• Opening hours: London LoT is generally open between 10 and 4 three days a week (Tuesday, Thursday and Saturday). They are constrained by the access hours of the Community Hub and see value in longer or different hours if they had more choice.
  • Events: The events bring members together, and often more events are requested from the LoT as they like the feeling of coming and doing things together. Members can organise their own events.
  • Business model: In terms of fundraising for a suitable trading space and an initial healthy stock of things, London LoT crews won a kickstarter campaign of £15,000 – and would recommend other groups to aim for higher – i.e. £20,000 – and to consider match funding as well. When attempting to predict revenue, they took into consideration the space size, the number of high quality items and price per borrow, number of active members and opening hours, number of fundraising events, consultancy workshops and other sources of revenue; when attempting to predict expenditure, they considered salaries, stock & maintenance, marketing & events consummables, insurance and other. The average monthly revenue just from renting (open for 3 days a week) is £1,500.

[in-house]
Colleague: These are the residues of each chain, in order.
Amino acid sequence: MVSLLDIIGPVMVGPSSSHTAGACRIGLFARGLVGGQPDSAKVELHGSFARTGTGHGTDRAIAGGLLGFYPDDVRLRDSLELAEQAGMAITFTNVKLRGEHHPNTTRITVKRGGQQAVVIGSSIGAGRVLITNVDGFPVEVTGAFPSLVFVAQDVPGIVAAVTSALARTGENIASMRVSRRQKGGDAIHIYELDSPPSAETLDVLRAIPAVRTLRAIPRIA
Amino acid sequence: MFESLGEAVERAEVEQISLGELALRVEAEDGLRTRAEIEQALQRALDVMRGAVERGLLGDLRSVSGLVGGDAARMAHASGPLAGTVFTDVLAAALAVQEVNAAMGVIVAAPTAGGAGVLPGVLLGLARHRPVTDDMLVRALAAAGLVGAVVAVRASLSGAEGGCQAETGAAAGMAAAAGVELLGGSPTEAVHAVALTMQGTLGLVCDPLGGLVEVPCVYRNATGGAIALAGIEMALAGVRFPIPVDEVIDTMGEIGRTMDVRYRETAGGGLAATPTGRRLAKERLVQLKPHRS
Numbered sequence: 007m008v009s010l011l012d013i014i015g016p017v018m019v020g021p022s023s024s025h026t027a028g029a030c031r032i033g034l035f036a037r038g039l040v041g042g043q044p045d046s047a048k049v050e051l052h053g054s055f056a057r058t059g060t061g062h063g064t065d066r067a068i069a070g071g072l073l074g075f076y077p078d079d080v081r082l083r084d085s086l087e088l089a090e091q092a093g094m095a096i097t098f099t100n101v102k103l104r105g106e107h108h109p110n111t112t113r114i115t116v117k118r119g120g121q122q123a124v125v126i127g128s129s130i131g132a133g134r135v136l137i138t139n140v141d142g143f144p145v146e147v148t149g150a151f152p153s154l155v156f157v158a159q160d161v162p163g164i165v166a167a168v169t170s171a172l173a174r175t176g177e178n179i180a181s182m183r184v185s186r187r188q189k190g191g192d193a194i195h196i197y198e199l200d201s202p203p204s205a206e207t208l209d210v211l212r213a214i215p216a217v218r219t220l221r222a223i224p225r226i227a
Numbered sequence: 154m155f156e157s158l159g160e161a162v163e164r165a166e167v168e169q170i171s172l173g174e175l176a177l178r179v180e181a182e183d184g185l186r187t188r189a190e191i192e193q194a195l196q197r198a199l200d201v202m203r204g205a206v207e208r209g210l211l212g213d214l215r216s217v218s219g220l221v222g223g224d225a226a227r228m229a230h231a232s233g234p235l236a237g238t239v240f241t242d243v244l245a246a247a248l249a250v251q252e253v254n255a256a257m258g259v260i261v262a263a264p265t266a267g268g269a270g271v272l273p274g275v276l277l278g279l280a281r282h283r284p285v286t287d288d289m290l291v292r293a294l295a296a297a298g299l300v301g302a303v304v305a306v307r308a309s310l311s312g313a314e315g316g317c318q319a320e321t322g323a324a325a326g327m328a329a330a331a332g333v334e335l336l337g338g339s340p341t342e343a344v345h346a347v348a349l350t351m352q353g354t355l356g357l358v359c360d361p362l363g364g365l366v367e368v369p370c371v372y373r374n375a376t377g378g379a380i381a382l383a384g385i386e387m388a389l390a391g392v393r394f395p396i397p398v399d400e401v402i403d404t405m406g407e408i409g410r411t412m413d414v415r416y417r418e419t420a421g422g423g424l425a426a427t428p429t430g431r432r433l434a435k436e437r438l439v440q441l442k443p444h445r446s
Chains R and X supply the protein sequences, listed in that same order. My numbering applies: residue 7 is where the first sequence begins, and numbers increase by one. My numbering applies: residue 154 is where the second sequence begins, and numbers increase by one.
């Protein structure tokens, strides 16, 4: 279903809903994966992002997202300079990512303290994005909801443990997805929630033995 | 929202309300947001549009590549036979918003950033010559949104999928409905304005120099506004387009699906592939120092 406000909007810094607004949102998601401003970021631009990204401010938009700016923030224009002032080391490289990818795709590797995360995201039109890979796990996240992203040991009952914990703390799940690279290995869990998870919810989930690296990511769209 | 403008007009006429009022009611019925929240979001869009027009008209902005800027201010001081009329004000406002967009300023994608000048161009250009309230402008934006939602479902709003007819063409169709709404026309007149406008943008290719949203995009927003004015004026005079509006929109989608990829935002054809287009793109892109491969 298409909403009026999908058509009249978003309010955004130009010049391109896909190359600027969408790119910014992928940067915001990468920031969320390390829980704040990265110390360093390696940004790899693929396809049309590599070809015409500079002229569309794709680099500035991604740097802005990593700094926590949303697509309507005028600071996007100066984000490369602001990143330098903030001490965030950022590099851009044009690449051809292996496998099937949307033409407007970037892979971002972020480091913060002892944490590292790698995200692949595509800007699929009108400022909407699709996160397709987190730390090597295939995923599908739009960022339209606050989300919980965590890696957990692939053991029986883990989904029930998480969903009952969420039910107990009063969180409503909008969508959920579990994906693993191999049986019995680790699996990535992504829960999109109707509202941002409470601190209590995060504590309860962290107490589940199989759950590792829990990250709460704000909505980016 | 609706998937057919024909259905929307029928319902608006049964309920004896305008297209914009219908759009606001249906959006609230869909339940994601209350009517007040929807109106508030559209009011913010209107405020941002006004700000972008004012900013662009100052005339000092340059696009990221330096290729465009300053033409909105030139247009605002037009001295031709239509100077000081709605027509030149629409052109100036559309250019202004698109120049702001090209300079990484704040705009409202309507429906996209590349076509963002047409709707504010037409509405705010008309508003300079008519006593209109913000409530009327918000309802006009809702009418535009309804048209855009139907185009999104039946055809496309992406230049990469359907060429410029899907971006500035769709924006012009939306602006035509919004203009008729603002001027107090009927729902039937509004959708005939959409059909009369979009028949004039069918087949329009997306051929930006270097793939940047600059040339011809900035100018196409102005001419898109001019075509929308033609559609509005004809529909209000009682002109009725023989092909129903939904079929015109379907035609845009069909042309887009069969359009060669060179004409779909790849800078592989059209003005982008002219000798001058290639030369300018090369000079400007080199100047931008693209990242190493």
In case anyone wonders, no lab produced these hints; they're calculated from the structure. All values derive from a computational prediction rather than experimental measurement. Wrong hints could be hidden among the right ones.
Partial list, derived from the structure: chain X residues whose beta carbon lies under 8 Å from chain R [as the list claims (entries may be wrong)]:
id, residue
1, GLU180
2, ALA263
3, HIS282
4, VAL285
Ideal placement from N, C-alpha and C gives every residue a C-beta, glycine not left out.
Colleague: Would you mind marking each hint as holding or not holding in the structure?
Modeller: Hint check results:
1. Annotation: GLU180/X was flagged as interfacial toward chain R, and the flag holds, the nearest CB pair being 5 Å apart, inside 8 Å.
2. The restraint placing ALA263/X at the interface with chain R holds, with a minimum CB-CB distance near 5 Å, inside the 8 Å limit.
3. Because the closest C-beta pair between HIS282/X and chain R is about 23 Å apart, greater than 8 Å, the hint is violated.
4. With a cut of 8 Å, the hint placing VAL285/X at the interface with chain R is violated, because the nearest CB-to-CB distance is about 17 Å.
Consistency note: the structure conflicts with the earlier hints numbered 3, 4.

• The nuts and bolts:
    • In case of no returns – using the ‘borrowing promise’ for both lender and borrower, working on trust, good communication, good will and community-oriented ethos;
    • Liability and insurance – they use liability waivers to cover injuries at events or during use of items; they are covered by Zurich insurance for public, employee and product liability; they also referred to bolt-on insurance for extra activities not covered by a standard insurance package. Items aren’t currently insured if damaged during use, and ask members to contribute towards the cost of parts / item replacement. They are currently looking into better solutions on this front;